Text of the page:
We’ve all been there: you got into bed an hour ago, and yet there you are — tossing, turning, struggling to fall asleep. What’s worse, the more frustrated you get that you can’t fall asleep, the harder it is for you to drift off into snoozeland.
The Importance of Sleep
Sleep is obviously super important to your overall well-being. Not only does getting a good night’s sleep ensure your body can restore itself and heal, but it also ensures you have more energy and brainpower for your workday. Sleep even plays a role in your mood. So failing to catch enough Z’s may even take a toll on your mental health.
If you’ve been struggling to get amazing sleep lately, find out why these research-based methods work and incorporate them into your routine. With better sleep, you’ll feel more refreshed, healthier, happier, and more beautiful every day.
Lesser-Known Methods for Better Sleep
It’s totally normal to have some trouble falling asleep now and again. Maybe you have a lot on your mind from work or you’re mulling over events from the day. Or maybe you had a caffeinated beverage late in the afternoon. Whatever the reason, it can happen to anyone. But that doesn’t mean you have to lie there for hours feeling helpless.
In fact, there are a slew of strategies you can use when you need a little extra help drifting off. Of course, avoiding caffeine and the use of electronic devices before bed and going to sleep at the same time every night can be helpful. But even when you’re following some of the more obvious tactics, you might still find it difficult to fall asleep at times. Here are a few more in-depth ways you can try.
Meditate for a calmer mind
Meditation has a myriad of benefits for your body and mind, and it’s a worthwhile practice to incorporate into daily life regardless of your sleep. But it can also help you to relax before bed.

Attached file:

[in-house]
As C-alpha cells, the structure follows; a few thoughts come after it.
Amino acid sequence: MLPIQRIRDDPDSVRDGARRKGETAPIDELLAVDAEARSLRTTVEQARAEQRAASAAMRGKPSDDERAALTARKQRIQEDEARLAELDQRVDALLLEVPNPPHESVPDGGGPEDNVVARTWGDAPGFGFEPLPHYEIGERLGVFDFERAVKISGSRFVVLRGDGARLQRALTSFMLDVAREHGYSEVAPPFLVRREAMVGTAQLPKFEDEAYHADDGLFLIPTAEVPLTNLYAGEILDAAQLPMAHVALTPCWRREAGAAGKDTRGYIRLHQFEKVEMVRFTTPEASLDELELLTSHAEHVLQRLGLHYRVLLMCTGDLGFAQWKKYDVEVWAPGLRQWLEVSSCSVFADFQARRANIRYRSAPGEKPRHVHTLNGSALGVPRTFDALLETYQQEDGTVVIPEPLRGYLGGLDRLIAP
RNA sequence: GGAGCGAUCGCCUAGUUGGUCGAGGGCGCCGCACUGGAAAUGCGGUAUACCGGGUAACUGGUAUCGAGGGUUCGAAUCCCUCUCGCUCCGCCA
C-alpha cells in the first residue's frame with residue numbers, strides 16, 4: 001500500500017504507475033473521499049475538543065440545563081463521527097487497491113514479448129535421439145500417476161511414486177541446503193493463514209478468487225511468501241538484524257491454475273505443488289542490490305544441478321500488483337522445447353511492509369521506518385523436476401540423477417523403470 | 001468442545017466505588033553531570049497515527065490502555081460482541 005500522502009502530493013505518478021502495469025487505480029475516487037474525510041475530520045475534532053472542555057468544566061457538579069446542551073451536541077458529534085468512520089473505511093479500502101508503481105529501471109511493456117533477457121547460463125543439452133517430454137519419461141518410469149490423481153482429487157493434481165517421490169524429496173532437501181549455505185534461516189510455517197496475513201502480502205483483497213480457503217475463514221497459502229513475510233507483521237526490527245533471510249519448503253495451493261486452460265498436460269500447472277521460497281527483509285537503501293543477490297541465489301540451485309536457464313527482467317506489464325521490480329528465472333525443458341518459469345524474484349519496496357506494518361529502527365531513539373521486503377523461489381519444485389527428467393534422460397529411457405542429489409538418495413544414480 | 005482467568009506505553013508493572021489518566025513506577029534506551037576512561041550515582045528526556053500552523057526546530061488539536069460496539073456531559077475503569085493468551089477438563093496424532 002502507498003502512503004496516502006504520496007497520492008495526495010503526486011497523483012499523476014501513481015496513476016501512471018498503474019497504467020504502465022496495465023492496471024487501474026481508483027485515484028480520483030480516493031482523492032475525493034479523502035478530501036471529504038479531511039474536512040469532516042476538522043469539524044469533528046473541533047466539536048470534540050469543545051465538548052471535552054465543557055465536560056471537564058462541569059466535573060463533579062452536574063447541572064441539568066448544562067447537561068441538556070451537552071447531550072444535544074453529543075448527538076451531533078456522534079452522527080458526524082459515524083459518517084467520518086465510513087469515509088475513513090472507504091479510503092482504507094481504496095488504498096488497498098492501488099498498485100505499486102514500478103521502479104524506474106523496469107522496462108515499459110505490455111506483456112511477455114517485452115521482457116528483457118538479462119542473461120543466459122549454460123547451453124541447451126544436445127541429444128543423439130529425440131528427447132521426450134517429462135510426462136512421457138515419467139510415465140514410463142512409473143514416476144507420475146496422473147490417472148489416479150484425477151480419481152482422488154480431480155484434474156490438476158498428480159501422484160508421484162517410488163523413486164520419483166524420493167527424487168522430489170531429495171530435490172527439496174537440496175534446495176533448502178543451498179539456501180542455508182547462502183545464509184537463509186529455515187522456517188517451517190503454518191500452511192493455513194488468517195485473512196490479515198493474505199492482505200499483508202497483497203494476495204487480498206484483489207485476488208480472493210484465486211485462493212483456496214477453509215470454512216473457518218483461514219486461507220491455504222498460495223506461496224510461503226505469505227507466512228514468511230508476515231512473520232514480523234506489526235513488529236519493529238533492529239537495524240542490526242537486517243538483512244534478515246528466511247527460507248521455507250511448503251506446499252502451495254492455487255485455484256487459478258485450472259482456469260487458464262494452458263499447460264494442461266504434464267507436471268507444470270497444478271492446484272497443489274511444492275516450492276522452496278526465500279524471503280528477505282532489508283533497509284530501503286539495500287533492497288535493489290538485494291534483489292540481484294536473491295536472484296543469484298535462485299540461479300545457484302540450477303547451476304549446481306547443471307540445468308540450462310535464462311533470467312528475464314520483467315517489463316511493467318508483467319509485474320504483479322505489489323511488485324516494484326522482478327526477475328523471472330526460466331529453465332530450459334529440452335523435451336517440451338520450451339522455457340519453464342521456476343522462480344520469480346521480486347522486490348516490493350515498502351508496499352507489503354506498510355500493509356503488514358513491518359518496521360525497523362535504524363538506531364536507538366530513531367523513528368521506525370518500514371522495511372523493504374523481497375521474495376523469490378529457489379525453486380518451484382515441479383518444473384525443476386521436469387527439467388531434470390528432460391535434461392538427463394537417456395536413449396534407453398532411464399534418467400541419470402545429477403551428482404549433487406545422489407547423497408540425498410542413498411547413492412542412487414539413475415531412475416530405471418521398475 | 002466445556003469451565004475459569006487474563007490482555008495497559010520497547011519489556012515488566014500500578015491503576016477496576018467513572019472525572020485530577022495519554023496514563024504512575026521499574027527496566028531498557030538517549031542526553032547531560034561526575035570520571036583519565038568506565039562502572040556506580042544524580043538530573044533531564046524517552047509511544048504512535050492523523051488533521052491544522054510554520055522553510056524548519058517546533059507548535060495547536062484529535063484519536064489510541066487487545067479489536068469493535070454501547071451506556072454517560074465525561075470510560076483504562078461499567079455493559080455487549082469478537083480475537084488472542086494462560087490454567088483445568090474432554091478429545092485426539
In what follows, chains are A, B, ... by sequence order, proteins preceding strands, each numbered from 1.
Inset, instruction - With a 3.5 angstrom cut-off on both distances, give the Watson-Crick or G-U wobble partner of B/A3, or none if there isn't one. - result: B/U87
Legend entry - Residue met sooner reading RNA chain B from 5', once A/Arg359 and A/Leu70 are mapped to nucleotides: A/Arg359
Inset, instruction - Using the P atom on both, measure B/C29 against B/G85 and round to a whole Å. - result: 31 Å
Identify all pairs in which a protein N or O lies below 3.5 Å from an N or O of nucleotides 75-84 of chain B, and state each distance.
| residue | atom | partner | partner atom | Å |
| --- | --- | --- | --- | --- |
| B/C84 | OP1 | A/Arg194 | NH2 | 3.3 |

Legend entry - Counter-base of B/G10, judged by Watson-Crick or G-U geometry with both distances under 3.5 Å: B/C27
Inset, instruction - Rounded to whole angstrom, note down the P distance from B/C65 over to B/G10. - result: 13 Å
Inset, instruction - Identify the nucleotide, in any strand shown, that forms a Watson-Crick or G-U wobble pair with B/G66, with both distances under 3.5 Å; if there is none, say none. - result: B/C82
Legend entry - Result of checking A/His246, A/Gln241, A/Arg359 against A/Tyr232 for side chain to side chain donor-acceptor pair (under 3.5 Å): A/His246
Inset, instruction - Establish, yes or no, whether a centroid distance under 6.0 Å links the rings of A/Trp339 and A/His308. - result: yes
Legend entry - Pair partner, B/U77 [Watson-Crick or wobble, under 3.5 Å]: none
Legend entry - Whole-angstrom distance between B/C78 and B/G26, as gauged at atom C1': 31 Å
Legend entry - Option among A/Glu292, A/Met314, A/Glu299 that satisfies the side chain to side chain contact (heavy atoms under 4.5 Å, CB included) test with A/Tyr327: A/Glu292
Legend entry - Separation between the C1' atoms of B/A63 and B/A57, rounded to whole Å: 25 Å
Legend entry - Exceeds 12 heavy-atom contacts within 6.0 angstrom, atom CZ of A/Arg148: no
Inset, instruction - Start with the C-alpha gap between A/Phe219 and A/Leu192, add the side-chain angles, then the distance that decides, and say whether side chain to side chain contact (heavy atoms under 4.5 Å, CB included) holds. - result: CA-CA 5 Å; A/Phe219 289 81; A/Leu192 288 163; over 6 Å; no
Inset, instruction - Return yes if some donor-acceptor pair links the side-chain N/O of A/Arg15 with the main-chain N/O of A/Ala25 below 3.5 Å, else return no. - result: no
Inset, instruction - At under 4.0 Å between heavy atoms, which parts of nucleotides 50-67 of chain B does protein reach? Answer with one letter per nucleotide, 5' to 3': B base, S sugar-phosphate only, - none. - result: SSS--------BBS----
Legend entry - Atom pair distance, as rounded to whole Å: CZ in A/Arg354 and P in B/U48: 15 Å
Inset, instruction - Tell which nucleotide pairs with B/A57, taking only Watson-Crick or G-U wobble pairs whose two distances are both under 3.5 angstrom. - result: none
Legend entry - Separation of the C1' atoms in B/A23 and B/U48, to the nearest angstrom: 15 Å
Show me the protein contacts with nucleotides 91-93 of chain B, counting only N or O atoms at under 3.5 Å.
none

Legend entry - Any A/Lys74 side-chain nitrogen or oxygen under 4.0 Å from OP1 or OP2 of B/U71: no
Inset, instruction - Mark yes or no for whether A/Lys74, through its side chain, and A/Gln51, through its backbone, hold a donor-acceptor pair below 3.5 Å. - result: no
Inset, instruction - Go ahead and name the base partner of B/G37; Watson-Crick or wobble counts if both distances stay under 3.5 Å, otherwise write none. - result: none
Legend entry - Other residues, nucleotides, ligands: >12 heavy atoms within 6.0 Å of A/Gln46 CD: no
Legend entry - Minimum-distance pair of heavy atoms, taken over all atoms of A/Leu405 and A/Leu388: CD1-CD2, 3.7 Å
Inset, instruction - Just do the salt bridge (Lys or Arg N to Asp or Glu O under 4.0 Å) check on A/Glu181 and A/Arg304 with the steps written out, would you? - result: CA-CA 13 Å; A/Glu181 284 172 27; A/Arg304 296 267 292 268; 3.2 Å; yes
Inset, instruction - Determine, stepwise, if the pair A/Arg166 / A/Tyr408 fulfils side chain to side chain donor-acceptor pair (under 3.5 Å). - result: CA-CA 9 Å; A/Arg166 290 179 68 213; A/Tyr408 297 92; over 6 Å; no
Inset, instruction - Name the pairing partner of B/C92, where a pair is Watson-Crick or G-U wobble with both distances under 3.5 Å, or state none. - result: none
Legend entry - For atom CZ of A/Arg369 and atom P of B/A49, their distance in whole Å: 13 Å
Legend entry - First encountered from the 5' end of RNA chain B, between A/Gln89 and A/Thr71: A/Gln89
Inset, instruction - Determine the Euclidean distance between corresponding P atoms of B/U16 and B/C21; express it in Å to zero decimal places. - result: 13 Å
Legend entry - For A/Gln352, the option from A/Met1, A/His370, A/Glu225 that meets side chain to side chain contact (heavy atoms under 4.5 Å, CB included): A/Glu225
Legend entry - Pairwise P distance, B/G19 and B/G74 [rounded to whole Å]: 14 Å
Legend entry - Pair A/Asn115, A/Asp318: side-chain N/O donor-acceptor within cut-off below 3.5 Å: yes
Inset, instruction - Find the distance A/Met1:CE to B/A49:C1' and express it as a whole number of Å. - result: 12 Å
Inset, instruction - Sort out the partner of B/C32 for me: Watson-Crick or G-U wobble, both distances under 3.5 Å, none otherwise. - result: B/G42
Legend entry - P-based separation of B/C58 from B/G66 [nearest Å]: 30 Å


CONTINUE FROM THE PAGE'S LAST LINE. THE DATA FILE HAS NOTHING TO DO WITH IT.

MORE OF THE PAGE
One 2012 study revealed that meditation can boost the levels of melatonin, a hormone that plays a key role in regulating sleep. As such, it can help the brain to achieve a state where it’s easier to fall asleep. In fact, research conducted by the insomnia program at Northwestern Memorial Hospital found that people who practiced meditation saw improvements in both their total sleep time and sleep quality.
If you’re a meditation newbie and not too sure where to start, consider getting some extra help from guided meditations. Solluna’s 7-day meditation series is a perfect place to start. The first day focuses on scanning your body for hidden sources of stress and tension and then easing them with your breath. It’s a perfect choice when you’re struggling to fall asleep. Even better, it’s completely free.
It might be counterintuitive to listen to music when you’re trying to fall asleep. Many people believe they need total silence in order to fall asleep. However, studies have shown time and again that music can improve your ability to fall — and stay — asleep. In fact, some research has shown that music can be used to effectively treat insomnia and other chronic sleep disorders.
A 2008 study published in the Journal of Advanced Nursing showed that students between the ages of 19 and 29 who listened to classical music for 45 minutes before bedtime experienced a significant improvement in their sleep quality. (To boot, they also reported decreased symptoms of depression — how’s that for a bonus?)
Another 2012 study revealed that people who were exposed to soothing music before bedtime experienced deeper and more restful sleep than those who didn’t listen to any music. If you’re wondering what to listen to, Sleep Foundation recommends “a rhythm of about 60 to 80 beats per minute (BPM), which you’re likely to find among classical, jazz, or folk songs.” Don’t just listen to your favorite music before bed — choose one that will relax your body and your mind.
Take advantage of aromatherapy